Comic and now burlesque performer, 84-years-young Lynn Ruth Miller, is coming to the end of her three week series of return gigs in and around San Francisco – after living in the UK for four years.
This is her penultimate blog about being in the city that was her home for 30 years.
Last Wednesday was the highlight of my trip to this part of the world.
The Marsh theater is a highly prestigious intellectual venue that presents one hour solo shows much like London’s Soho Theatre and the Barbican on a smaller scale.
When I lived here, I could not get them to let me do any of my storytelling or cabaret shows. They did not think I was accomplished enough. However, thanks to reviews I have received over the years from London, Edinburgh, Brighton and Melbourne, this time they said I could do my show I Love Men in their Rising Star section. (I am ‘rising’ at 84!).
I worked with a wonderful woman named Lauren, who was very efficient and very thorough. But, although my show was listed on the website, it was not promoted or highlighted in any way. So I was pretty sure I would be lucky if five people showed up. Still, it was a pleasure to prepare a show there. The theater is professional in every way. I had a spacious dressing room, a grand piano for Larry to play and a beautiful tech person named Alexa to troubleshoot the performance before we began.
Ticket sales turned out to be far better than I dared hope and, with our walk-ins, we had nearly 60 people in the audience.
Bay Area people know very little about my life or why I do the things I do and I Love Men is a show about my failure to find a relationship. I was worried that it would seem insipid and pointless in a world where people find each other online and have sex before they have a coffee. My mother always told me my life would be ruined if I had sex before marriage. Now I think it is ruined if you do not.
I could not believe my audience. I had people come from Napa, Reno, Tahoe, Los Angeles and even Austin, Texas. It was all I could do not to weep.
I had thought that I was no more than a shadow totally unnoticed here and it was not until I moved to the UK that anyone thought I had anything of value to offer on a stage. Evidently this was not so.
This audience was with me to the finish and, once again, I got a standing ovation. Do we ever take a thing like that for granted?
Suddenly, I felt that all the work I have invested in these past 15 years of finding my voice as a performer had paid off. I felt validated and very, very proud. I really did it. I told a true story that touched a universal chord.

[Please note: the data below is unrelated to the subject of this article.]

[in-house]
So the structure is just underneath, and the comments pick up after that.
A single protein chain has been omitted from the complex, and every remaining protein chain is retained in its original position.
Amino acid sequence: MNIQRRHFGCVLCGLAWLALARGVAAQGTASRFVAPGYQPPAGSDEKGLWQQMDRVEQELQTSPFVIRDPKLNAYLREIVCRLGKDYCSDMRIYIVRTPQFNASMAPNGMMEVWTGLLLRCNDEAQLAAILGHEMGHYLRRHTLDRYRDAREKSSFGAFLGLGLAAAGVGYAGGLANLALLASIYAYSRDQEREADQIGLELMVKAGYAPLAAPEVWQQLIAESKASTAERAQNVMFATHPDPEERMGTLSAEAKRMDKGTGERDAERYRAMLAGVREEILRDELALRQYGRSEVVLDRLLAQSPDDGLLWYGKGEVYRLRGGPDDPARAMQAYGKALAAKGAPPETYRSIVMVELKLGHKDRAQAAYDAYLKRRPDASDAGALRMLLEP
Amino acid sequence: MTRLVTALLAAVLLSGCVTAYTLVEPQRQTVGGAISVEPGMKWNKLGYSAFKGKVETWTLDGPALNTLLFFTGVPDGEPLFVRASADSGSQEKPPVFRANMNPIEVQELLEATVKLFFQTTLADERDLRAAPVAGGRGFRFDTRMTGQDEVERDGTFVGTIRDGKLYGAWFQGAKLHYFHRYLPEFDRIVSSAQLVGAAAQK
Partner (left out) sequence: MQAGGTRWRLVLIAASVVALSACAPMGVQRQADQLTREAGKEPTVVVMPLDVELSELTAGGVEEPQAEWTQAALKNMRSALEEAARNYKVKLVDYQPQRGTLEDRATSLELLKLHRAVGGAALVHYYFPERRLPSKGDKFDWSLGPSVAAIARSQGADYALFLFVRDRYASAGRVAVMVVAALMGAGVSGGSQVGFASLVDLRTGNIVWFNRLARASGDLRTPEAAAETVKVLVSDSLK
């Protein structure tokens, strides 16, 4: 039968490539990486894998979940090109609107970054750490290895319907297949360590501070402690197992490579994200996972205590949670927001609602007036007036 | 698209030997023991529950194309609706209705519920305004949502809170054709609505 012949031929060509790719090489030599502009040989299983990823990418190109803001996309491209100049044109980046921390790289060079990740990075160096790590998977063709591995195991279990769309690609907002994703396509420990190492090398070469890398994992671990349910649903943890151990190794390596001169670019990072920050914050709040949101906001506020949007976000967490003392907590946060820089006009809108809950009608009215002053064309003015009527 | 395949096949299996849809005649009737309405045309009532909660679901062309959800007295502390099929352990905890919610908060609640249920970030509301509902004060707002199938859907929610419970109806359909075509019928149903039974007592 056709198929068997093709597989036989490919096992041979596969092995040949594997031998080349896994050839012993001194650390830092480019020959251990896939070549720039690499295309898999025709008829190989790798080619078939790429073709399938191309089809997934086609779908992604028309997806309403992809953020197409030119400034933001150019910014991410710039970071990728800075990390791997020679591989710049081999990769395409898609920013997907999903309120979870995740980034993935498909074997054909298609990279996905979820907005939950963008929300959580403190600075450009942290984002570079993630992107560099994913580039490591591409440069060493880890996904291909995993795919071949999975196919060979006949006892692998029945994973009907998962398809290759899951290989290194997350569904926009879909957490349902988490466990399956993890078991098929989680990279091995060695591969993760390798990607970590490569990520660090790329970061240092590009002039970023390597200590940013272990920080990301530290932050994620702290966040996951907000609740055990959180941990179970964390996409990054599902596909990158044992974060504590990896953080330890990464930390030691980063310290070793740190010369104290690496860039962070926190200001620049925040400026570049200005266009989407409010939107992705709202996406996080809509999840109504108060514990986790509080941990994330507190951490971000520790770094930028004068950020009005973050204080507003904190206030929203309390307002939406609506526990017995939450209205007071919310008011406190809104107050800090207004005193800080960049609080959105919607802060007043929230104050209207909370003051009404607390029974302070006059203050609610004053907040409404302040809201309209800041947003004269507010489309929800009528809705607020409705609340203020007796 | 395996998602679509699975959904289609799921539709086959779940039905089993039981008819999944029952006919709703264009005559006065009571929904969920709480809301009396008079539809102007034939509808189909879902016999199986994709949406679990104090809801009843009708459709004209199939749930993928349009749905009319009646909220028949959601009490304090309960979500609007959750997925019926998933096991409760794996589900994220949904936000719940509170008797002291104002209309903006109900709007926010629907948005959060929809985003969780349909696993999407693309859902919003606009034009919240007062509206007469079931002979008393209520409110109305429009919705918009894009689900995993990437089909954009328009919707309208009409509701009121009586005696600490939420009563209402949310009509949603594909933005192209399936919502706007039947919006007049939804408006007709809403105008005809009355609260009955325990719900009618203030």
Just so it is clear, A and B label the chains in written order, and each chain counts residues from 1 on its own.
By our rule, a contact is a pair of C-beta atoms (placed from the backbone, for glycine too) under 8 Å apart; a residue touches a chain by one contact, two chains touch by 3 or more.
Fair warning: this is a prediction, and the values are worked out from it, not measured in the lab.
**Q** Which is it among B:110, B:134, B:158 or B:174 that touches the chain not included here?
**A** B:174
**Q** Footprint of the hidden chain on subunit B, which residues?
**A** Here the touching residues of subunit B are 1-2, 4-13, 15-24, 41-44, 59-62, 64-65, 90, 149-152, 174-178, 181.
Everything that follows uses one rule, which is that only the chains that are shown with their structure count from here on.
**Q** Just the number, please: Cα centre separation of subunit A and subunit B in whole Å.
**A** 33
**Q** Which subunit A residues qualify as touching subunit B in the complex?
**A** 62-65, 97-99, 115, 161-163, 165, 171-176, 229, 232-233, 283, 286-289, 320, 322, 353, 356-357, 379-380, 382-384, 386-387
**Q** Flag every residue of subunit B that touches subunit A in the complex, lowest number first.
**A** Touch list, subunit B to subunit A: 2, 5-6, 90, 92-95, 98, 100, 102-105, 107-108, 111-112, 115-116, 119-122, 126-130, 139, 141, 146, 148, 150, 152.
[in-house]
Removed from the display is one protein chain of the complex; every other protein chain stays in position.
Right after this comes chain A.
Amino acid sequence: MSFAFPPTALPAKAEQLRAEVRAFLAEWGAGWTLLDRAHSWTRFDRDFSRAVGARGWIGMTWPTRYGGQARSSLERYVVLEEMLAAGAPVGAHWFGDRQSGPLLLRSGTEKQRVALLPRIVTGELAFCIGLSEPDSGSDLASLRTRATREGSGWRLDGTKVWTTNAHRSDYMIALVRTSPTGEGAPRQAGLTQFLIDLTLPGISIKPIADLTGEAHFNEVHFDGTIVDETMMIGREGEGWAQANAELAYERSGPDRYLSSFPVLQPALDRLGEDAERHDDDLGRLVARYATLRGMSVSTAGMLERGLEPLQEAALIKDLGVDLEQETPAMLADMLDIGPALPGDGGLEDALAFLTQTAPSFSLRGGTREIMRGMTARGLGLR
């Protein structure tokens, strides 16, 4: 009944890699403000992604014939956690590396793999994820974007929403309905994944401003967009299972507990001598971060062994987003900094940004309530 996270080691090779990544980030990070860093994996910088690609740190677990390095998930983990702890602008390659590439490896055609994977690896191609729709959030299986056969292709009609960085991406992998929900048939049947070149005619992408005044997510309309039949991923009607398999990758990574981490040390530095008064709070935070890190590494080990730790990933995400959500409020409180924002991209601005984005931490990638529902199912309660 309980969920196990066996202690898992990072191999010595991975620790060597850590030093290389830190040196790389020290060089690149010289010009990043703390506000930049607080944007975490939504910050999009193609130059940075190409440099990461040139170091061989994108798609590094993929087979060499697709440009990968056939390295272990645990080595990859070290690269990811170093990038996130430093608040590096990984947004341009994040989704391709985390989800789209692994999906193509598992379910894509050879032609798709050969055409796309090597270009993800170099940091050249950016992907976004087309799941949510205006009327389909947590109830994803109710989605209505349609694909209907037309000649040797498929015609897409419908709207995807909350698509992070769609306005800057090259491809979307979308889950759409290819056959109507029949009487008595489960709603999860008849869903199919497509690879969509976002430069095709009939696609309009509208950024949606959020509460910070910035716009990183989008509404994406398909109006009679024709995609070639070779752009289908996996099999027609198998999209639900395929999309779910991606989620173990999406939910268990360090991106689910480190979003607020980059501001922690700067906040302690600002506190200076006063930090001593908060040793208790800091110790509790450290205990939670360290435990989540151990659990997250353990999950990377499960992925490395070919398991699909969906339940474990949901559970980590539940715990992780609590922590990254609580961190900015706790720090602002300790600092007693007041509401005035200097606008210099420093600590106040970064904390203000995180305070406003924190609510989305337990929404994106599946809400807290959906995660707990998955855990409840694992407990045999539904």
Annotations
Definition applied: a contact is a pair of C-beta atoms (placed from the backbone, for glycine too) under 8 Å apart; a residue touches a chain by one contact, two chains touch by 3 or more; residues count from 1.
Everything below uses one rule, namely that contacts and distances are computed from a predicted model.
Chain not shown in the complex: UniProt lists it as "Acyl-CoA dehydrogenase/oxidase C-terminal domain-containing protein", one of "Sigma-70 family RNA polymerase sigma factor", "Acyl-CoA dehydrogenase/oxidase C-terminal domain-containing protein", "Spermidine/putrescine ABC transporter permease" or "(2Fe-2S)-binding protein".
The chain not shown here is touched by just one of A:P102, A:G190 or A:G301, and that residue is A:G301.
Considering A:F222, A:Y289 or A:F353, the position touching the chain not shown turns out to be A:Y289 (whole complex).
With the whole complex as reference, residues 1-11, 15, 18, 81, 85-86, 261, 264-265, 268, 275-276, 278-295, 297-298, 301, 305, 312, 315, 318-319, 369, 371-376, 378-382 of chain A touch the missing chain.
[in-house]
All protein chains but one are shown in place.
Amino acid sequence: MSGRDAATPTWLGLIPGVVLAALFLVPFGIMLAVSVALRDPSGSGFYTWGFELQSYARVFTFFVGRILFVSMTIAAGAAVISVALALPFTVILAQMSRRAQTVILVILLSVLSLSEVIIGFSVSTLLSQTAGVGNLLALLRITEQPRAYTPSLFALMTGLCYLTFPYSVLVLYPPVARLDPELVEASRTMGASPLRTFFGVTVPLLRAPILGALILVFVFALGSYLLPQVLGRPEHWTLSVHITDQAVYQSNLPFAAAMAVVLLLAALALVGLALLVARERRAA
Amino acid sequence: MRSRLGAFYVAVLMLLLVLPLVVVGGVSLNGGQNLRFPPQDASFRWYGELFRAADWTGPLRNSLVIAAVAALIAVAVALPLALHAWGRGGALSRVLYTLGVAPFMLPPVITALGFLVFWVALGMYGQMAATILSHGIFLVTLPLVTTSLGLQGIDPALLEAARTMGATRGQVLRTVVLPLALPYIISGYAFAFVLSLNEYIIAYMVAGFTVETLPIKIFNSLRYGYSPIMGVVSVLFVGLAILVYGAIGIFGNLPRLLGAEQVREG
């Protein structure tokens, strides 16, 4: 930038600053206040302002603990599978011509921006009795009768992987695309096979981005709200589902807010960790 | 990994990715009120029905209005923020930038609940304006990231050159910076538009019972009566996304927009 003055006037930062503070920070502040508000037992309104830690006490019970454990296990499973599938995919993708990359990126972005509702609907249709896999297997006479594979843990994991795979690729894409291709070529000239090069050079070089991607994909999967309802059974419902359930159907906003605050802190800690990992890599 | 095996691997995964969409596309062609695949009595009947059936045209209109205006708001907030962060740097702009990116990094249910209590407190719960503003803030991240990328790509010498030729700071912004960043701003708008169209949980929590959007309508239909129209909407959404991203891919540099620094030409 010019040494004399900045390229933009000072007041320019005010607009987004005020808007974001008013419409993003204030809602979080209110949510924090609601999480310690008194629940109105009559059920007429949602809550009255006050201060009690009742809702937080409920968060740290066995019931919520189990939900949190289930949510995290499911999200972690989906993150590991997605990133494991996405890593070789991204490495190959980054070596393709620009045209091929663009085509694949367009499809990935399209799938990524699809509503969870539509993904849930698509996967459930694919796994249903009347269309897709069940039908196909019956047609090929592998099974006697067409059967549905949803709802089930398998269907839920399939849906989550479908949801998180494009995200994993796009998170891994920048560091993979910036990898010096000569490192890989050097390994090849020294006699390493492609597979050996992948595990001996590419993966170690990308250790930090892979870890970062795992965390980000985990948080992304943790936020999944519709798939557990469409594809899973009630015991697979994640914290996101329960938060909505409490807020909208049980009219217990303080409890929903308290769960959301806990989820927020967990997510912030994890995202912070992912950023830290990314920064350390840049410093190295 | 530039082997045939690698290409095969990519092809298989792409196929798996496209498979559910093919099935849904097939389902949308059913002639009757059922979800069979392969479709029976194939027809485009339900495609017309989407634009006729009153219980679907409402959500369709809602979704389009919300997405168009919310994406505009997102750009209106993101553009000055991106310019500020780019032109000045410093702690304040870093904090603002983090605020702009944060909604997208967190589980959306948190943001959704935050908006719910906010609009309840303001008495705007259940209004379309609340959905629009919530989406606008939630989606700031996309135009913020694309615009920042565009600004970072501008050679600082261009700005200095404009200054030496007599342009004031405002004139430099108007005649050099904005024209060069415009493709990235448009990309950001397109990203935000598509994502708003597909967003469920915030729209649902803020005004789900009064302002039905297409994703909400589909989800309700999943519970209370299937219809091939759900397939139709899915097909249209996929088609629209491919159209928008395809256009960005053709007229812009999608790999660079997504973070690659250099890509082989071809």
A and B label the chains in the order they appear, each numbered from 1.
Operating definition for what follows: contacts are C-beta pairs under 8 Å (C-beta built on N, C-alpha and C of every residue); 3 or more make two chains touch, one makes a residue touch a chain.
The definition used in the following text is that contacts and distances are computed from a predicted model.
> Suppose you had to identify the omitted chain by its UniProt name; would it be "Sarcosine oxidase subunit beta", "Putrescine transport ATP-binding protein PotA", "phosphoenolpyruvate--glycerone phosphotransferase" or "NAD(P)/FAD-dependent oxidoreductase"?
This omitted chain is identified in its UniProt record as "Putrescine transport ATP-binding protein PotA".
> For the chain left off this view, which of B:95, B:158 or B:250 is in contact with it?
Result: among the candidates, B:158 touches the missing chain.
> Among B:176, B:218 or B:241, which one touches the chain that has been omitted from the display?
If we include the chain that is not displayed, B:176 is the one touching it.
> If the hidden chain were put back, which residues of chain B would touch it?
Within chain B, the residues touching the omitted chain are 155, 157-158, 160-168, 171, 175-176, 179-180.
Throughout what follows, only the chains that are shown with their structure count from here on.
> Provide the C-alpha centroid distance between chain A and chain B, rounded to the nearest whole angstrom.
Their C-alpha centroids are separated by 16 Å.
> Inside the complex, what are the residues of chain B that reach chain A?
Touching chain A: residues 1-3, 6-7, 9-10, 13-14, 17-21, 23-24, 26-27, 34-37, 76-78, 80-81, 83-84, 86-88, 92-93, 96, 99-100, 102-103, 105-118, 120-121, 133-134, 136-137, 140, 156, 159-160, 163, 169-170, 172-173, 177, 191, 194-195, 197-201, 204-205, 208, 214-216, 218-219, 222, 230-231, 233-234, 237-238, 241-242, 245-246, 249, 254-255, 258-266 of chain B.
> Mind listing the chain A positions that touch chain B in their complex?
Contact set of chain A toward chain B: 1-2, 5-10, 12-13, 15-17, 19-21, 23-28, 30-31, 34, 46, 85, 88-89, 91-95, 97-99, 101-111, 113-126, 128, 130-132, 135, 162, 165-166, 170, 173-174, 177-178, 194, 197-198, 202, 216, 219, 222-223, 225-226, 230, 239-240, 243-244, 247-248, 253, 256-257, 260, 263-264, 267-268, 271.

It was an amazing evening for me. But the next night was just as exciting.
Jamie DeWolf runs a tour de force show called Tourettes Without Regrets. I was in that show five years ago and he always told me that, whenever I wanted to return, I had a place in his line-up.
This is a show of incredible talent and variety with pole dancers, acrobats, strippers, singers and poets… just about everything you can imagine.
I wanted to do something new for him so I decided to do the song I did in Edinburgh last month for the London Burlesque Best of Burlesque shows.
It is a feminist diatribe and a bit different from the “give it a go” type songs I ordinarily sing. The response was totally amazing and once again I got a standing ovation from an immense audience. It was almost too good to be true.
In the afternoon, I had done a storytelling event for a tiny group of Holocaust survivors and that was one of the most beautiful highlights of this trip. There are very few of these people left and most of them were children in the camps so, although scarred in ways most of us cannot imagine, not nearly as bruised and torn-apart as their parents who were tortured, starved and beaten without mercy.
I always feel that the most important thing I did and have done is to give these people my time and my performance skills so they know that their very existence is that important to me and to all of us who care about human survival.
… TO BE CONCLUDED TOMORROW …